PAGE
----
2.Uncontrollable overhead: On the other hand, those indirect expenses that are beyond the control of the management are known as uncontrollable overheads. Examples; factory rent, office salaries, depreciation and legal expenses.

 

Allocation of overheads

Meaning

Allocation of overheads is the process of charging overhead costs to a particular department or cost centre. It is the allotment or assignment of an overhead cost to a particular cost unit. If the overhead cost is associated with a single department or cost centre, the whole amount is charged or distributed among the units of output of that particular department. For example, the whole amount of repair and maintenance expenses for a machine is charged pr allocated to that department where the machine has been installed.

 

Apportionment of overhead

Distribution of an overhead cost to several department or cost centre is known as apportionment of overheads. It is the process of charging or apportioning costs to a number of cost centres or cost units. If a given cost is common to two or more departments or cost centres, such cost should be apportioned or divided among theses departments on an equitable basis. For examples, the amount of factory rent should be apportioned to all the departments. Similarly, the amount of remuneration to the general manager should be distributed to the production, administration and marketing departments, as the general manager is associated with all these departments.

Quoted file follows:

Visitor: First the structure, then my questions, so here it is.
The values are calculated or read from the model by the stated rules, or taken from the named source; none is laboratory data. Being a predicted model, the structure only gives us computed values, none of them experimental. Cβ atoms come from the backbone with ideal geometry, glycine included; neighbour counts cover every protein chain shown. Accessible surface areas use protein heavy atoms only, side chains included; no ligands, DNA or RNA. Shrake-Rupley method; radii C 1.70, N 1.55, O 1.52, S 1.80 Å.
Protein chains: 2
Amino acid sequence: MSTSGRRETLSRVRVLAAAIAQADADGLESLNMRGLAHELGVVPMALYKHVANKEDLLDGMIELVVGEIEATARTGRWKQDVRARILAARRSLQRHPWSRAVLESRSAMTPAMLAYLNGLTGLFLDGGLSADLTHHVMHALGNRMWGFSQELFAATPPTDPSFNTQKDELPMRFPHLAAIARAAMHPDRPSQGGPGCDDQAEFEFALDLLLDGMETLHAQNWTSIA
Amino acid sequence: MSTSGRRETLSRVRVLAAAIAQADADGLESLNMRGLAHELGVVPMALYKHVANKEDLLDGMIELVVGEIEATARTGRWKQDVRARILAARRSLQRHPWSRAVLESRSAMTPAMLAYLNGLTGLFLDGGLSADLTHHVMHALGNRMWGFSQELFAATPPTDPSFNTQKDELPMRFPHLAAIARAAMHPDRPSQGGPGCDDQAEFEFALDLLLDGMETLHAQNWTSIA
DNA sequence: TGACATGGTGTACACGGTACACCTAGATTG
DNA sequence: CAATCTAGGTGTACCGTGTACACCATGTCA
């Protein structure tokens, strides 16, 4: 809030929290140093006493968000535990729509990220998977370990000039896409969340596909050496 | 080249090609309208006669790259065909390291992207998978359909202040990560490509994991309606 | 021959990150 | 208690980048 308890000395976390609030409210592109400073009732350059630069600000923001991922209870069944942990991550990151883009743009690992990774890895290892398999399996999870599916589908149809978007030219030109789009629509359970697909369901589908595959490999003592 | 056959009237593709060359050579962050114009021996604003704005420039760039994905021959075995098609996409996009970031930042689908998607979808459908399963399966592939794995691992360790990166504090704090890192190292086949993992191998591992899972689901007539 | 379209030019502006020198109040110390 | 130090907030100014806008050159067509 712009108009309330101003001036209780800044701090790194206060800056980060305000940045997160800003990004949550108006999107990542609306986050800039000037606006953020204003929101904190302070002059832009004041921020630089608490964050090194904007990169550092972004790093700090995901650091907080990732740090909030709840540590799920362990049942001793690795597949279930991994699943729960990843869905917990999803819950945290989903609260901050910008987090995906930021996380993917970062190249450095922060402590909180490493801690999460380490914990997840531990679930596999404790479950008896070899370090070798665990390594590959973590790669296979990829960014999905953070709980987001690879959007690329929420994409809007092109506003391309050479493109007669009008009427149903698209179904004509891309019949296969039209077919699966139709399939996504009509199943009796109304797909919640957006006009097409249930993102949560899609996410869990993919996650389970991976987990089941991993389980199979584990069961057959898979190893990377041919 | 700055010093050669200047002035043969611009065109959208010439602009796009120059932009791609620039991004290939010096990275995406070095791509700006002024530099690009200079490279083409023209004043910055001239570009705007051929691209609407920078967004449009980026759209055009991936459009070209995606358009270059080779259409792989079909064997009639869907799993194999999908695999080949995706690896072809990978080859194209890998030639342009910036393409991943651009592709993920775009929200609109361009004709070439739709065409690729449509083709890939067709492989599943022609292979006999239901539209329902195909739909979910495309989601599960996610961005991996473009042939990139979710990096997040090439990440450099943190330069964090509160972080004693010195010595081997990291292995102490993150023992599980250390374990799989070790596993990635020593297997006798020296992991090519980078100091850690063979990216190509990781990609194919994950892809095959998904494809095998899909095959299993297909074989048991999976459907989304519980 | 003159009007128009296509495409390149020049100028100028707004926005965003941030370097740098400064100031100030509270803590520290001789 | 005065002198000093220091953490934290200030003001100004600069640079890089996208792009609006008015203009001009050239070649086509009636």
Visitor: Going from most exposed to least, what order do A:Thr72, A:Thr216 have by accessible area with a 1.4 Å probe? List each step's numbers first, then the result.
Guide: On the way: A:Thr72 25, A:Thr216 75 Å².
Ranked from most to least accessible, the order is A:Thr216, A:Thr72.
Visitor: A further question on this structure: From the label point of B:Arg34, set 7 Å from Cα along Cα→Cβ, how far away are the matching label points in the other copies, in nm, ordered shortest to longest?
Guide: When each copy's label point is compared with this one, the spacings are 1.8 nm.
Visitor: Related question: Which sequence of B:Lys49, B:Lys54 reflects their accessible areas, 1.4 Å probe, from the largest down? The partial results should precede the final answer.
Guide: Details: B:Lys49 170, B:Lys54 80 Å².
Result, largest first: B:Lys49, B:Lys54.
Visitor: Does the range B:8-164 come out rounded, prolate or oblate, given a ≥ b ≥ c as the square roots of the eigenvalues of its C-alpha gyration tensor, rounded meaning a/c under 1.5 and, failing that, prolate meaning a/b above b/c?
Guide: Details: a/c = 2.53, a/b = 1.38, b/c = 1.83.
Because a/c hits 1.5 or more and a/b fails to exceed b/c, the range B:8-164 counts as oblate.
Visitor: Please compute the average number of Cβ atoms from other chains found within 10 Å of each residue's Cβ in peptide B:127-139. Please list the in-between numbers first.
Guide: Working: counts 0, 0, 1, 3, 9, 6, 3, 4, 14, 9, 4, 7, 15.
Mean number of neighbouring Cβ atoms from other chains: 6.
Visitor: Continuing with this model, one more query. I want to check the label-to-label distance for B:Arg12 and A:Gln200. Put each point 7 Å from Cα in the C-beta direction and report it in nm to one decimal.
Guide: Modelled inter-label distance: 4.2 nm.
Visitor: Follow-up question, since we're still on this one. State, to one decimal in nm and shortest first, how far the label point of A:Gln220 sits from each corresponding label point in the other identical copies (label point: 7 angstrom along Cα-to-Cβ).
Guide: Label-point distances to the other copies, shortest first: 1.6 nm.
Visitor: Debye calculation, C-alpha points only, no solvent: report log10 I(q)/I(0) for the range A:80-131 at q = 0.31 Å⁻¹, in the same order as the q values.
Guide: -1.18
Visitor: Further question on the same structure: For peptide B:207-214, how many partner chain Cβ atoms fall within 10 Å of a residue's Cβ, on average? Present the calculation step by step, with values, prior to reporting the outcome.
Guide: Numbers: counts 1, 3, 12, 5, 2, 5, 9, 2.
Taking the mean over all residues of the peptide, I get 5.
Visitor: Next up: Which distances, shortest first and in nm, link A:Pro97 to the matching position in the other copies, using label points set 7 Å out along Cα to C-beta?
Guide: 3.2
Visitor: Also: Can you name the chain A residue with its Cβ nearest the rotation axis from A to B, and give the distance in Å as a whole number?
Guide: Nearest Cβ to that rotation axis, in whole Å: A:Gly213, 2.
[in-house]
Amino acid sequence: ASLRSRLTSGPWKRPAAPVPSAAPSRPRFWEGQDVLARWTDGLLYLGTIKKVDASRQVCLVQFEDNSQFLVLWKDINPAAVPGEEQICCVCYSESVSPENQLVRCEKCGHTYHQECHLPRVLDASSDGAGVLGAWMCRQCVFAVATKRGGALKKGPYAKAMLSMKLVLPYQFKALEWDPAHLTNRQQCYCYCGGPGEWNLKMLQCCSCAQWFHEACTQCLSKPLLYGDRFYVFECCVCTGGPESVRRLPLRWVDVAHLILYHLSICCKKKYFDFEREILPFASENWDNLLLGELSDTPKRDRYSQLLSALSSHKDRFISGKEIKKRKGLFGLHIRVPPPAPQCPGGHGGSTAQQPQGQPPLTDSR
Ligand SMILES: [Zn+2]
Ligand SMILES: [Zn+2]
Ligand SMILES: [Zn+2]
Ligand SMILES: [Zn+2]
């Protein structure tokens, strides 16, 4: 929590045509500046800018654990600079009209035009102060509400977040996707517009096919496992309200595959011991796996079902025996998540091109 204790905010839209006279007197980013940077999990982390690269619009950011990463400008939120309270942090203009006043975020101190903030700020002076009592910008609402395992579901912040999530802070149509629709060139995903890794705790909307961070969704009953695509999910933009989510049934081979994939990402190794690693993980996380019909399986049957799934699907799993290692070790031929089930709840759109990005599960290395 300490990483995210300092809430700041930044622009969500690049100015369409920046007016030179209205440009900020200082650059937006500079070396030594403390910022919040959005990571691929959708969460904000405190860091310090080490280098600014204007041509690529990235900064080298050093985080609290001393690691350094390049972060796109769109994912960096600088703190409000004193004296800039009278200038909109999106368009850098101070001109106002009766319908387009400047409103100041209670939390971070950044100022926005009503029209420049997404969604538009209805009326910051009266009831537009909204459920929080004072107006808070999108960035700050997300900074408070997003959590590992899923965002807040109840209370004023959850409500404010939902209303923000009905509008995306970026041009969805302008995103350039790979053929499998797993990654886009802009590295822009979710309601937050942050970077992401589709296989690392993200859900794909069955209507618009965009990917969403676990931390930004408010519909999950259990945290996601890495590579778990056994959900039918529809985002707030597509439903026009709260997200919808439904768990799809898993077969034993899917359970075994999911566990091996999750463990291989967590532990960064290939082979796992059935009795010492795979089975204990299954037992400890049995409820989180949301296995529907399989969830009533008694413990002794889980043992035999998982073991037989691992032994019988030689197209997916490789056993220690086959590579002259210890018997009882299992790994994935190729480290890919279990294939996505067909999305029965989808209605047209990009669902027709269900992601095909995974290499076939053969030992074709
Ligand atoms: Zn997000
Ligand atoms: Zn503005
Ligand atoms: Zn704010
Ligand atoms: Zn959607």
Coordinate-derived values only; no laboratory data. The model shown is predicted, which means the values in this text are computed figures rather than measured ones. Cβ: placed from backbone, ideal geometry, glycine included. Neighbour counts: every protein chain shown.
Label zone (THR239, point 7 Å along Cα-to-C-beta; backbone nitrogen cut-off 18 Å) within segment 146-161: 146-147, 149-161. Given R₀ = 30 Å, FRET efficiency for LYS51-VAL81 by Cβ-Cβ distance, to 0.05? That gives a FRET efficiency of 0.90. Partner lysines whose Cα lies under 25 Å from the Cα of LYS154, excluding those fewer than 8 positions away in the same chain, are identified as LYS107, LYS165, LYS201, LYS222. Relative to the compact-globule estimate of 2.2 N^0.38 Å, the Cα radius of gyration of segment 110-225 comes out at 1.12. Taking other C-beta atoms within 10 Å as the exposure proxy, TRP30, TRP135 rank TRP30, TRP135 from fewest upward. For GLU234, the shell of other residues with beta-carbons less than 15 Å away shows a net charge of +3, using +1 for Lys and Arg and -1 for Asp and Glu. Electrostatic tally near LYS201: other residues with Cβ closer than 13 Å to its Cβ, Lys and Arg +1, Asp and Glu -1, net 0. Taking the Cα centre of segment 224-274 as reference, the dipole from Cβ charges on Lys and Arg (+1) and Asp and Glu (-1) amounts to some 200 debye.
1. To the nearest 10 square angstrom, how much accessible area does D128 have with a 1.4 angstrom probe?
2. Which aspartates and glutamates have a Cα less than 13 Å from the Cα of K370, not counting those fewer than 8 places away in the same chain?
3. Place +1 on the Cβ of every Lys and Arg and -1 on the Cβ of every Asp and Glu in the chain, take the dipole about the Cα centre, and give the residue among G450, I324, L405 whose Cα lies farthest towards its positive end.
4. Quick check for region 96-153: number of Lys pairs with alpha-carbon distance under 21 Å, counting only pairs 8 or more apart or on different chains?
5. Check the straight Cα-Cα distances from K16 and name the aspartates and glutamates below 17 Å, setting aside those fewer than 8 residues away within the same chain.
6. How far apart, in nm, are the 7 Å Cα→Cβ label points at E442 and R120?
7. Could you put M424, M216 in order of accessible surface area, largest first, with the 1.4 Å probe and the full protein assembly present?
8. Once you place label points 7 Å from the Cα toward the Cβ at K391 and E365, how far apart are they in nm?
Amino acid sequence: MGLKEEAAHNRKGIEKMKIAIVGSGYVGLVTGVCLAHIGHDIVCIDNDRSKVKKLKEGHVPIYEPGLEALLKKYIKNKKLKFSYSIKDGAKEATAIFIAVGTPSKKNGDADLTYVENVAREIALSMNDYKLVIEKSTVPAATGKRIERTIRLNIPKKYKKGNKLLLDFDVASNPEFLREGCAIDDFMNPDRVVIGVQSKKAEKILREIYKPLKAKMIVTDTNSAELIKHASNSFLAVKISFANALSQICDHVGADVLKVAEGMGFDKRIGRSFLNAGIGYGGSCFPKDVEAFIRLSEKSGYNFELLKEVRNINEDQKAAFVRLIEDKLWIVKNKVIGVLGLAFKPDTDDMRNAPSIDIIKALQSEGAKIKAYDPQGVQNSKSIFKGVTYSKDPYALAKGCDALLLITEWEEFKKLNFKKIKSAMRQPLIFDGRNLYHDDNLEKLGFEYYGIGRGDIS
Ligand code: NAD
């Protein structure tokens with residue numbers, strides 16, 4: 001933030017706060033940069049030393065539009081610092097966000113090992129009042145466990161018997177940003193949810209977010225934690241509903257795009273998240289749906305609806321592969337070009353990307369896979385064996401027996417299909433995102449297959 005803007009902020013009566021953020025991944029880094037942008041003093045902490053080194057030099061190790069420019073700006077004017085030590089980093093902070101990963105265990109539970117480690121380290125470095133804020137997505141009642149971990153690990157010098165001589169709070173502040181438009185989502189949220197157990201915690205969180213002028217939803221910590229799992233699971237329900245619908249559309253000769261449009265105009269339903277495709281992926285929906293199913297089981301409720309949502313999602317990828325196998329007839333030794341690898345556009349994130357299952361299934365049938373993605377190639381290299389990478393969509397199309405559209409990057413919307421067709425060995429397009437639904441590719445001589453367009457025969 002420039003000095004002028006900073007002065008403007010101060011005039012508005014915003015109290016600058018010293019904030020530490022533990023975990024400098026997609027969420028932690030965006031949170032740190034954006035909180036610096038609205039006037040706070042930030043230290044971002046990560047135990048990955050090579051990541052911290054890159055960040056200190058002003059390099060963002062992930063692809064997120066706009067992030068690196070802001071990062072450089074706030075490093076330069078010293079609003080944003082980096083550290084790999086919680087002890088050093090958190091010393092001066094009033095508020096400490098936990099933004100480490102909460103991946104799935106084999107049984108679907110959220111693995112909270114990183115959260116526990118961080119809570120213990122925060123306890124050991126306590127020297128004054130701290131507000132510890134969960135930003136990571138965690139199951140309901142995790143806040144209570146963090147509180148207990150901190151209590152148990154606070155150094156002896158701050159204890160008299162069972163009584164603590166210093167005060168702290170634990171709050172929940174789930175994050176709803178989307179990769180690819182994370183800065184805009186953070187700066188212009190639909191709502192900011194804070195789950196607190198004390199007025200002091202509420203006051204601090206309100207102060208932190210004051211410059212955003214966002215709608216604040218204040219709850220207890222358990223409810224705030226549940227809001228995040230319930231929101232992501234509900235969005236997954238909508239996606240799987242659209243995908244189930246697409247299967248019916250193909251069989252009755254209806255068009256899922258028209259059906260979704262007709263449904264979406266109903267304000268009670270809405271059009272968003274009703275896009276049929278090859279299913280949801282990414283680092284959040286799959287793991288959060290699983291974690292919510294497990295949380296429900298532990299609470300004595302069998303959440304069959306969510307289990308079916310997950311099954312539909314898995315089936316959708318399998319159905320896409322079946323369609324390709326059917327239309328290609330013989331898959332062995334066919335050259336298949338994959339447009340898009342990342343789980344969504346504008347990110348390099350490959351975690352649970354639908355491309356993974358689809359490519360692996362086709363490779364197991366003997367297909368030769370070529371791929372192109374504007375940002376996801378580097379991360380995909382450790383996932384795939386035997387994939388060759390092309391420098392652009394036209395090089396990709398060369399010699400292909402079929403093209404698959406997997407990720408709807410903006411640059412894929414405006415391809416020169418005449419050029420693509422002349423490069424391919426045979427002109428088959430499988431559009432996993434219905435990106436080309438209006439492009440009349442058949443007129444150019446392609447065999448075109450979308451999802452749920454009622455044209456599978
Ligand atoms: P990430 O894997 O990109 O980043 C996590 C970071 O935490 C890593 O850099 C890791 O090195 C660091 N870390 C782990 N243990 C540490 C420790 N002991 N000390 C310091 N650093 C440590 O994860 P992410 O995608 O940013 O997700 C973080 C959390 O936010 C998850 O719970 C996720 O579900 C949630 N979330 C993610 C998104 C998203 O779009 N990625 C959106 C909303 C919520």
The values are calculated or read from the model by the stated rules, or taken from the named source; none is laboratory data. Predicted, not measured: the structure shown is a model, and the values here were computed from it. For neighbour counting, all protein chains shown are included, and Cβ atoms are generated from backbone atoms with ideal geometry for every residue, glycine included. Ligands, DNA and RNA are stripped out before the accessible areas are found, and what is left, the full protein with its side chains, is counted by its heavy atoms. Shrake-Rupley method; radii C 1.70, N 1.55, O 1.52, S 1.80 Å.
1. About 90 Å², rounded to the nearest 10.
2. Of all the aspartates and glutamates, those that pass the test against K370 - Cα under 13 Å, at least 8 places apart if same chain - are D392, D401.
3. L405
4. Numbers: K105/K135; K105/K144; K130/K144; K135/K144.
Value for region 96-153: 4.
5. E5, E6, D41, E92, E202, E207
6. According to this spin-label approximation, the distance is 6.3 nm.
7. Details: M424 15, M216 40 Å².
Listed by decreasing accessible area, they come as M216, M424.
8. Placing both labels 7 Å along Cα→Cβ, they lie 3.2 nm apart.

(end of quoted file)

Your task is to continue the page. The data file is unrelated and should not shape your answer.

Differences between allocation and apportionment of overheads

Allocation

Apportionment

It involves a particular department or cost centre.

It involves two or more department of=r cost centres.

The process of charging the costs to a particular department or cost centre is allocation of overheads.

The process of charging the costs to a number of departments or cost centres is apportionment of overheads.

It is based on direct distribution.

It is distributed on some equitable bases like direct labour hours, number of workers, machine hours and space and area occupied.

It is applicable when the overhead cost is associated with a single department or cost centre.

It is applicable when the overhead cost is associated with two or more departments or cost centres.

Allocation of overhead is done when the most centre uses while of the benefits of the expenses.

Apportionment of overhead is done when the cost centres use only a portion of the benefits of the whole expenses.

 

 

Absorption of overhead

The absorption of overheads is also called the recovery of the overhead costs. It is the process of sharing the overhead costs by all products of a particular department. It is the application of overheads to each unit of output. In other words, the process of ascertaining the total overhead costs if each unit of output or job by using overhead rate is known as the absorption of overhead. Thus, the distribution of the overhead expenses allotted to a department over the units produced in that department is absorption of overheads.